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Surprise! You Have A Breach Of Contract Claim

Which States Have the Most Challenging Lien Law?

The basic concept of contract law is that if a party breaches a contract, the other parties to the agreement have a claim against the breaching party. This is called having privity. Recently though, courts have started to allow non-party claims against breaching parties. This has come to be known as the third-party beneficiary doctrine. […]

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Proper Preparation Can Save You From Contract Disputes

We talk a lot on this blog about protecting yourself from unwanted legal situations by understanding your contract and knowing and understanding the laws that govern that contract and the project you are working on. These points are reiterated time and time again because they are vital to business in the construction world. I would […]

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Miller Act Claims Are Not Easily Tossed Aside

Miller Act Claims Are Not Easily Tossed Aside

The Miller Act provides protection for contractors and suppliers on a federal construction project. The Act requires that the prime contractor on a federal project post a bond. This bond covers both first and second tier contractors and suppliers. Generally, if you are a third tier contractor or supplier, you have no rights under the […]

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Double Damages For Bad Faith Discharge Claims

Most mechanics lien claims get paid before a foreclosure action is ever required

When a mechanics lien is filed and the lien claimant moves to enforce that lien in court, the owner or other parties of interest have the opportunity to discharge this lien by depositing a certain amount with the court. The amount that must be paid into court to discharge the lien is equal to the […]

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Clarification Of California’s 90 Day Claim Rule

Meeting deadlines can make or break a contractor when dealing with mechanics liens. Every state has different deadlines that must be met when it comes to notices and filings, but the language of that state’s mechanics lien statute greatly dictates when the countdown to many of these deadlines start. In California, a contractor must record […]

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Requesting a Lien Waiver? Here’s What to Keep in Mind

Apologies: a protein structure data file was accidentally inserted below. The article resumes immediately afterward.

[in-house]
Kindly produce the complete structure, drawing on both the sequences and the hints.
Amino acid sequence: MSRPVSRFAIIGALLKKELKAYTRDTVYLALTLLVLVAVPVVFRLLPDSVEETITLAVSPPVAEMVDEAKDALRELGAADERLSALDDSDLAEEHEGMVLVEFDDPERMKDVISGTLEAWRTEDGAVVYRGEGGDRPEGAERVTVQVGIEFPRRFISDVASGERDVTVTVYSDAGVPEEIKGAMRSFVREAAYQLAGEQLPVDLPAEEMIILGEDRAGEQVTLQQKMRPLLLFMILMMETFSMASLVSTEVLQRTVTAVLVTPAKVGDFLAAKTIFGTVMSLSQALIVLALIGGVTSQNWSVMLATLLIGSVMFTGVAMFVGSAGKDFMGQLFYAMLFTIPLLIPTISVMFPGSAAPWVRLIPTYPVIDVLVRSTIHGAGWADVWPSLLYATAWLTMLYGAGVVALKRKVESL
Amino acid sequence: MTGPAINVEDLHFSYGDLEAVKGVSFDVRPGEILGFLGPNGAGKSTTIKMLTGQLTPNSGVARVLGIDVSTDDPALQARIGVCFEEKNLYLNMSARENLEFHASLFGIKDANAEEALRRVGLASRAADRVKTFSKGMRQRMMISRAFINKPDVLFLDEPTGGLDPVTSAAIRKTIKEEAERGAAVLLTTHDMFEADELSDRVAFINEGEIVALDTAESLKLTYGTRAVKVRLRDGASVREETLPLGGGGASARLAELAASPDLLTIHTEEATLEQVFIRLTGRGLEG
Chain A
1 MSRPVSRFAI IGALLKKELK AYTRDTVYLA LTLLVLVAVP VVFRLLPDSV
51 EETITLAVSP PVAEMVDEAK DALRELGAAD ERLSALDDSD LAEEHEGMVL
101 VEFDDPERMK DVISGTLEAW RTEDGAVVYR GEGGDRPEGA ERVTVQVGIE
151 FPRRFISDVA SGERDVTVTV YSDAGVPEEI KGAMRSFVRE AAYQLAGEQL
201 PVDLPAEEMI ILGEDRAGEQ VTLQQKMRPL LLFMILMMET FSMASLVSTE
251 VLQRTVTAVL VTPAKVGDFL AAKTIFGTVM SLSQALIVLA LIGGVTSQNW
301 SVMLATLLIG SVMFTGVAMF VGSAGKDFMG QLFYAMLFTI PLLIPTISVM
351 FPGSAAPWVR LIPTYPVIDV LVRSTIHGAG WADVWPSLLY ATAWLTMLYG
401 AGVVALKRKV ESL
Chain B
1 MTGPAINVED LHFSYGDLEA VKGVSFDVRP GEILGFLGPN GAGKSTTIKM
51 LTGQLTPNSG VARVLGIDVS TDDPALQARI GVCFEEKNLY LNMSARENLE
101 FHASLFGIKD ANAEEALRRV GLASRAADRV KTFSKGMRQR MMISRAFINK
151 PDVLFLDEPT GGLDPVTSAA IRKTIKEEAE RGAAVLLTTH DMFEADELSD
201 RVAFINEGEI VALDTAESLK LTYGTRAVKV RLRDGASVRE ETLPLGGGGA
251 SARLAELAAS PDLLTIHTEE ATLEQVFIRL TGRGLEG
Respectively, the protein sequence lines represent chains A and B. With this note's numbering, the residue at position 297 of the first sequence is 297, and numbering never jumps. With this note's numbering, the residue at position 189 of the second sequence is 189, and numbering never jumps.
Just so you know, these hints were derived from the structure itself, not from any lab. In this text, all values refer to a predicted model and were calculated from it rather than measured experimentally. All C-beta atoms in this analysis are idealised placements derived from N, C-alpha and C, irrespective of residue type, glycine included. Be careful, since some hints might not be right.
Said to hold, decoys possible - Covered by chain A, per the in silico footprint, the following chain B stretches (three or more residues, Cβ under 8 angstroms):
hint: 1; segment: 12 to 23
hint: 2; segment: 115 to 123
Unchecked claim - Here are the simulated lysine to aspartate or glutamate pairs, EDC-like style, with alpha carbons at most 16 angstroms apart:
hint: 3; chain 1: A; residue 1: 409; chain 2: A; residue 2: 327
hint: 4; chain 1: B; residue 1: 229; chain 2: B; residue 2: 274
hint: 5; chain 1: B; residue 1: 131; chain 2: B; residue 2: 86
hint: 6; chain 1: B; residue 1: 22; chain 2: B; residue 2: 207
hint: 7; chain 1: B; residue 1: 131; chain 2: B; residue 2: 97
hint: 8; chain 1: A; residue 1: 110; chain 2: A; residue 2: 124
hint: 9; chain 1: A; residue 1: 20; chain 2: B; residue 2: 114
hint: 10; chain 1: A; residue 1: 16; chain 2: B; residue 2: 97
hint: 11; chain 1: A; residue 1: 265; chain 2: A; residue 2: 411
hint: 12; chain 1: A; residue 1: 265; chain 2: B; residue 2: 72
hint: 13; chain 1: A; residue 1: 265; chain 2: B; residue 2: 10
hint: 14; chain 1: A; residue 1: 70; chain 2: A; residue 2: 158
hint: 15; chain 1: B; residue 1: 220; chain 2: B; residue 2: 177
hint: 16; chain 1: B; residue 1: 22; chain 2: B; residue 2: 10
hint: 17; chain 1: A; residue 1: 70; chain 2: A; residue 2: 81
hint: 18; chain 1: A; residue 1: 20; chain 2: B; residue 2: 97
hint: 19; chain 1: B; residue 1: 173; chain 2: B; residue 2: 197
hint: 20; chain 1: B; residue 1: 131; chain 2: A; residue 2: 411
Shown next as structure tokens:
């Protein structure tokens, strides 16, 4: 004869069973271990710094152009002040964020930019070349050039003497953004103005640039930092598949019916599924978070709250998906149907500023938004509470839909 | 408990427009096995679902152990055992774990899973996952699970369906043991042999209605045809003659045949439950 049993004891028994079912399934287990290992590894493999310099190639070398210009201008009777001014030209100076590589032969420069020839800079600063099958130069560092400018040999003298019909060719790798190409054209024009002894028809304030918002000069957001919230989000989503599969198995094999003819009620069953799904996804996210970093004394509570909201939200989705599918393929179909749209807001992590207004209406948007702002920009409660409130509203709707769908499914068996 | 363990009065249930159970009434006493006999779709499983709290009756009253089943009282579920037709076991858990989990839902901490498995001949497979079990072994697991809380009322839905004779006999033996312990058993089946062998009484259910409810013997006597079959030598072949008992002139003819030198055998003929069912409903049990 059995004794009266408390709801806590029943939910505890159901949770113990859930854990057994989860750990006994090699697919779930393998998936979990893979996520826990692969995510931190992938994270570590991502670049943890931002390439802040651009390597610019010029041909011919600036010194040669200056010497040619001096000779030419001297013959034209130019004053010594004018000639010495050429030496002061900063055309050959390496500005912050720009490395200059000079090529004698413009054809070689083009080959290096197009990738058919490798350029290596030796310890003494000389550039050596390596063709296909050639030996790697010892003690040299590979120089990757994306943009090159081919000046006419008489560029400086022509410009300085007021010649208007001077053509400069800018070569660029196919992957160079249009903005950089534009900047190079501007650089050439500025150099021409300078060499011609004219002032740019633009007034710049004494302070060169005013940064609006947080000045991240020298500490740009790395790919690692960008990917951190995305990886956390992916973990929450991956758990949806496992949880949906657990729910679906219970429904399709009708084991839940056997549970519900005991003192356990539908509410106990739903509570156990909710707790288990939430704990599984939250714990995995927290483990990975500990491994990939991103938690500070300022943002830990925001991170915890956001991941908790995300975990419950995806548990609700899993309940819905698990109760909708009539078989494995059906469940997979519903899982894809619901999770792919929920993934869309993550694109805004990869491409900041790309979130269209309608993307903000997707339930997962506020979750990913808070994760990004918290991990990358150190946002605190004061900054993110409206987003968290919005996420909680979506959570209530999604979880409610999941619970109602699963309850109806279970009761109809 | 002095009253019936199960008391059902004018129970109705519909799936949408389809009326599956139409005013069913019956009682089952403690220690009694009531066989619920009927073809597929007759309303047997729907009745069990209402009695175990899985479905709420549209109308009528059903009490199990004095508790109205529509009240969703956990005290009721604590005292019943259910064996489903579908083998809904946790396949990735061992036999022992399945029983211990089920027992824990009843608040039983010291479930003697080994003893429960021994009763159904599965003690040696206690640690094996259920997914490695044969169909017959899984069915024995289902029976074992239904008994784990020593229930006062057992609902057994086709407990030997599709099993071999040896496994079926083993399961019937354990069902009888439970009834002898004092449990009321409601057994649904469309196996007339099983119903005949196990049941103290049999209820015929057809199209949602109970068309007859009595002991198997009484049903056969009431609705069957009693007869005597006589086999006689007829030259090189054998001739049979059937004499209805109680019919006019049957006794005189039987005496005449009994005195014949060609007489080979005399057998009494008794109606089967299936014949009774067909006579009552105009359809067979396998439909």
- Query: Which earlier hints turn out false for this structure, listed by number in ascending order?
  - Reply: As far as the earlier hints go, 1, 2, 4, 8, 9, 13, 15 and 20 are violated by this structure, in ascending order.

Requesting a Lien Waiver?

Lien waivers are an important component of the payment process for parties on all sides of construction projects. No matter what your role is on a project – property owner, general contractor, subcontractor, material supplier, etc. – you have probably encountered a lien waiver. If you haven’t, you will. For parties making payment, requesting that the payee […]

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Fifth Circuit Upholds Payment Bond Rights

Payment bond rights under your state’s Little Miller Act statute are not easily avoided. Little Miller Act statutes allow subcontractors and lower-tiered parties to make claims against the payment bond that every general contractor must post for public projects. This process guarantees a certain level of protection for subs while ensuring a level of efficiency […]

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Start the New Year Right: Resolutions for Contractors

Resolutions for Contractors

It’s that time of year again… Time to reflect on the past 12 months and consider what we did well and where we can do better. It is easy to make a mental list of resolutions, but it’s not so easy to stick to them for a whole year. But we have come up with a solution to […]

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When Do General Contractors Need to Send Preliminary Notice?

Where do GCs need to send preliminary notice?

General Contractors don’t always have to send preliminary notice. Often, GCs are on the receiving end of preliminary notices sent by sub-tier parties like subcontractors and material suppliers. However, some states require GCs to send preliminary notice to the property owner and/or the construction lender. Check out the list below to see when general contractors need […]

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Pennsylvania Court Explains Exception To No Damage For Delay Clause

  Contract law can be confusing and tedious. Courts continually comb through contracts, picking apart words and provisions. There seems to be no such thing as an airtight clause. The only things that are guaranteed in life are death and taxes. “No damage for delay” clauses are no guarantee either to hold up in a […]

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